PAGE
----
Journal of Genocide Research, 9:3, pp. 485-87
History on Trial: My Day in Court with David Irving
New York: Harper Collins, 2005
346 pp, $25.95 (hbk)
Reviewed by John Zimmerman
History on Trial is a personal memoir by the defendant in the London trial that garnered worldwide media attention and ended in disgrace for the plaintiff, David Irving. Lipstadt combines the best elements of personal narrative and history writing. Her book is a riveting human drama, as well as an excellent analysis of the historical issues raised at the trial.
The central figure at the trial was David Irving, who had written many books on World War II. Irving argued in Hitler’s War, published in 1977, that the Holocaust was carried out behind Hitler’s back by unruly subordinates. Eventually, he ended up denying the Holocaust altogether. In her 1993 book, Denying the Holocaust, Lipstadt identified Irving as a Holocaust denier who had distorted evidence for ideological reasons. This was obvious to anyone who had followed Irving over the years. Indeed, he would regularly appear at gatherings of Holocaust deniers.
At one of these gatherings, he announced that Hitler was “probably the biggest friend the Jews had in the Third Reich. He was the one doing everything he could to prevent nasty things happening to them” (p xviii). This would prove typical of Irving’s antics when addressing Holocaust issues.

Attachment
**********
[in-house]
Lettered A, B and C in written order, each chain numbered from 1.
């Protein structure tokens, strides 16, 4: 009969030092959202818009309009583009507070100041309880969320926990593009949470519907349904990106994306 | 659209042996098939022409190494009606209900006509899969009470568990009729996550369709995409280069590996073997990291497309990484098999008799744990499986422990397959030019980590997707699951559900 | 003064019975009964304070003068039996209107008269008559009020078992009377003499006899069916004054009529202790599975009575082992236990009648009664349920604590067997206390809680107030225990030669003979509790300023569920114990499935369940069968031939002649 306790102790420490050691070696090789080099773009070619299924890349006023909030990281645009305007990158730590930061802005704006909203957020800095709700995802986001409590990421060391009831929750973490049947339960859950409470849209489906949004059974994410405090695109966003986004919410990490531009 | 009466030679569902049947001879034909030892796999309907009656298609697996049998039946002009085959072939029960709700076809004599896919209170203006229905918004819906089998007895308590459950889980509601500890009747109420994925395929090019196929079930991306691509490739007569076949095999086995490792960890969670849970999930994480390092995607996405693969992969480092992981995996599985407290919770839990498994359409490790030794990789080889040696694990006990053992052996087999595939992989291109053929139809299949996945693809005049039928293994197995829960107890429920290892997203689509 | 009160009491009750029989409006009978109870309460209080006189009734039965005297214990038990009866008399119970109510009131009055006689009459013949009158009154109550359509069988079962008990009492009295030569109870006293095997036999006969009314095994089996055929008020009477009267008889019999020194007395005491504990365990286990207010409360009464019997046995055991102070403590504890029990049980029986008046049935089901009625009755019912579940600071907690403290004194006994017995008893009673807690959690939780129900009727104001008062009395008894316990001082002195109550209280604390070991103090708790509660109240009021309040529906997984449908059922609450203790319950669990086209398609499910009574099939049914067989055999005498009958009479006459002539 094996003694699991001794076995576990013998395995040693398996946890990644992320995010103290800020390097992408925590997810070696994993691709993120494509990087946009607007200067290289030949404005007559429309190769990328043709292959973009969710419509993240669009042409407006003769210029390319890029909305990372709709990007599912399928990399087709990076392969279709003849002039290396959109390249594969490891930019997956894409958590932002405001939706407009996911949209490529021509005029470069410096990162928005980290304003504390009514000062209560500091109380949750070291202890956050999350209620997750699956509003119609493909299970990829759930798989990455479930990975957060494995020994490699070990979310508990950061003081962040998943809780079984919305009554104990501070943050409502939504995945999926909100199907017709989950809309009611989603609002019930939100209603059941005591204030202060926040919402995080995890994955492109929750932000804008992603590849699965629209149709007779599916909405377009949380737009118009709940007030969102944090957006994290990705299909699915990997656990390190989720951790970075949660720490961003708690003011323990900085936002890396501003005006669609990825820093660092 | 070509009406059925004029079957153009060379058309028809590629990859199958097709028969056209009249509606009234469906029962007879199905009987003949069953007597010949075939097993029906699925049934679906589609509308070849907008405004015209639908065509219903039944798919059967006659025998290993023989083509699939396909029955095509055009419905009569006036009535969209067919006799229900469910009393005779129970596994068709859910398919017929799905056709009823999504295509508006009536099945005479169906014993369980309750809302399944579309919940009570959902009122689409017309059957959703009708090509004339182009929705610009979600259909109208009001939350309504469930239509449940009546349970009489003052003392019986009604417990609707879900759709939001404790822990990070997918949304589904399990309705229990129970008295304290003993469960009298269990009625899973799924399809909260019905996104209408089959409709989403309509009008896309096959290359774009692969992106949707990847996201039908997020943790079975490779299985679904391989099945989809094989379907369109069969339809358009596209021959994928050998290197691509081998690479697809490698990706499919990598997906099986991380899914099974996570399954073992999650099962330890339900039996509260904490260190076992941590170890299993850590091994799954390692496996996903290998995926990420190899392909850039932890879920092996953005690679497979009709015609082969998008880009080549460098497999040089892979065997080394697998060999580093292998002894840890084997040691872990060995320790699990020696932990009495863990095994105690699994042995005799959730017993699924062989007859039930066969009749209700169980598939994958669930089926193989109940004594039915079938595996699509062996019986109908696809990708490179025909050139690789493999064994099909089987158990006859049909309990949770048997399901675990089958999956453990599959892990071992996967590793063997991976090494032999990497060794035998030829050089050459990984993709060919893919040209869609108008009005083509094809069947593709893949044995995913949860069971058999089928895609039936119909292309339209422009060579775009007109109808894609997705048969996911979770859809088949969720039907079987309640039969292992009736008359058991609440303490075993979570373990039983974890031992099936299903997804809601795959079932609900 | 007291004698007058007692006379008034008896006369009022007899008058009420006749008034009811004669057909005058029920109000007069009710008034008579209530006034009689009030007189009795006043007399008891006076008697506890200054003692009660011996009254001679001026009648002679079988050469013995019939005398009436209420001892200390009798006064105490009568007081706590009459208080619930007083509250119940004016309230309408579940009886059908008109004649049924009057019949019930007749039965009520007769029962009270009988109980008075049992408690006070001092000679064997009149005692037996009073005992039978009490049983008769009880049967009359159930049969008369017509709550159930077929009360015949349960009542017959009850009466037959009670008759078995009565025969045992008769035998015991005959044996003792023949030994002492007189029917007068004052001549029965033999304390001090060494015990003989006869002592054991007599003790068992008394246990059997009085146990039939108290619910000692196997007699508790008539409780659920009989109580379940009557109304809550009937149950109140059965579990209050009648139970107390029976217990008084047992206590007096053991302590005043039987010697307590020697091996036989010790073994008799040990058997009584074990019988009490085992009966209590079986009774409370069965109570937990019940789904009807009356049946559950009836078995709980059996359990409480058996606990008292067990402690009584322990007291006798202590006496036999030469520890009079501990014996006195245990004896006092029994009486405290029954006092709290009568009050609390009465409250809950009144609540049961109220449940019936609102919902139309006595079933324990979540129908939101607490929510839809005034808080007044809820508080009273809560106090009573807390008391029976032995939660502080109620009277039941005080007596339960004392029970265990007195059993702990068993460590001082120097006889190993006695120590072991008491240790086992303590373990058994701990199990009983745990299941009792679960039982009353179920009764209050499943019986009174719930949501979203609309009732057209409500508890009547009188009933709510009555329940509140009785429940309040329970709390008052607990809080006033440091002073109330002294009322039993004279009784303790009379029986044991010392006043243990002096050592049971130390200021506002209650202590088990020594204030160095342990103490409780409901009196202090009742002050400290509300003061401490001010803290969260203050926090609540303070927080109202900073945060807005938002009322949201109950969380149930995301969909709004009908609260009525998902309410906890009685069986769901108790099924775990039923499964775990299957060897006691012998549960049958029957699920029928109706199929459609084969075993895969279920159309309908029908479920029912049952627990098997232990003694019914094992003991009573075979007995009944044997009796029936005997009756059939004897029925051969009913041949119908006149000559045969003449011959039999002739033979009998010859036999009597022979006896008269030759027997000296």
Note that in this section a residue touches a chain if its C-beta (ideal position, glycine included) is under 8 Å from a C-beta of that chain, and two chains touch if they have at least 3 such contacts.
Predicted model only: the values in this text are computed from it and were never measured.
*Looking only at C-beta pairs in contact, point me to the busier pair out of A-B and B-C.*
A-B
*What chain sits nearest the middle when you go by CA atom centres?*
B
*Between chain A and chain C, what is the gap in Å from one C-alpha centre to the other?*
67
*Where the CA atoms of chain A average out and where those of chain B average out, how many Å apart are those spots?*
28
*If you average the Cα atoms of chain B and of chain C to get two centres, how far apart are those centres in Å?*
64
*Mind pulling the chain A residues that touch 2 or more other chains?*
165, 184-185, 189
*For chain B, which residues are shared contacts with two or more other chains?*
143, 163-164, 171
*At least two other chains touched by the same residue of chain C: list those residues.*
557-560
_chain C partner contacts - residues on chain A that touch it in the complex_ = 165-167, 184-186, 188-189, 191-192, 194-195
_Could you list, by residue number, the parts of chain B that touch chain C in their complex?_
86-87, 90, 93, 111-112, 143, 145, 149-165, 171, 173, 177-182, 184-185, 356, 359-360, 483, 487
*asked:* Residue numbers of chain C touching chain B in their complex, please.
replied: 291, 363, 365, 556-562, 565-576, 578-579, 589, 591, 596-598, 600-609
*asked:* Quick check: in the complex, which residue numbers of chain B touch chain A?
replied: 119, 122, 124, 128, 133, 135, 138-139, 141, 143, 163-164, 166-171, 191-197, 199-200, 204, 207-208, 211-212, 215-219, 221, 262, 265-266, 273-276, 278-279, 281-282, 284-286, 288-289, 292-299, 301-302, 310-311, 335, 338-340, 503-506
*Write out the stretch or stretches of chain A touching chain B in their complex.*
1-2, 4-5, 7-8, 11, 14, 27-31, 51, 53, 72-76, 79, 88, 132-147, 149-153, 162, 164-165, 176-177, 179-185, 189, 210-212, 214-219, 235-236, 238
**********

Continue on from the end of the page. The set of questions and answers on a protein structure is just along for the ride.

Irving sued Lipstadt’s British publisher, Penguin, over the assertions she made about him in Denying the Holocaust (2004). He would have been unable to sue in a US court, but British libel laws are far looser, and more weighted toward the plaintiff, than those in the United States. The suit promised to be very expensive for Lipstadt’s publisher. She feared the publisher might settle on terms favourable to Irving. Her lawyer, Richard Rampton, one of Britain’s foremost barristers and perhaps the major hero of the trial, agreed to take the case pro bono if the publisher chose not to pursue a litigation defence. Nevertheless, Penguin did not back out, and the trial went forward.
It is important to emphasize that it was Lipstadt’s right to free speech that Irving was challenging. His lawsuit could have led to the publisher withdrawing the book in Britain. Characteristically, Irving portrayed himself as the victim. Moreover, as Lipstadt learned, Irving was threatening similar lawsuits against journalist Gitta Sereny and the publisher of historian John Lukacs, both of whom had exposed his flagrant misuse of sources.
The centrepiece of the book is the trial itself. Irving had always craved attention, and now he was at the heart of a major drama unfolding in a London courtroom. Indeed, he decided to represent himself. The end result is that he used a world stage to make a fool of himself.
Lipstadt recounts in detail the massive evidence presented at the trial, which showed quite conclusively that not only was Irving a Holocaust denier, but that he intentionally misused historical sources to present Hitler in a favourable light. In Hitler’s War, he claimed that a memo by SS chief Heinrich Himmler, which instructed that Jews were not to be liquidated, showed that Hitler was against killings. As it turned out, the actual memo referred only to a particular transport, and was issued before Himmler met with Hitler that day. But Irving failed to draw the logical conclusion: that Hitler must have known of the Holocaust, if he was aware that this one transport was not to be liquidated.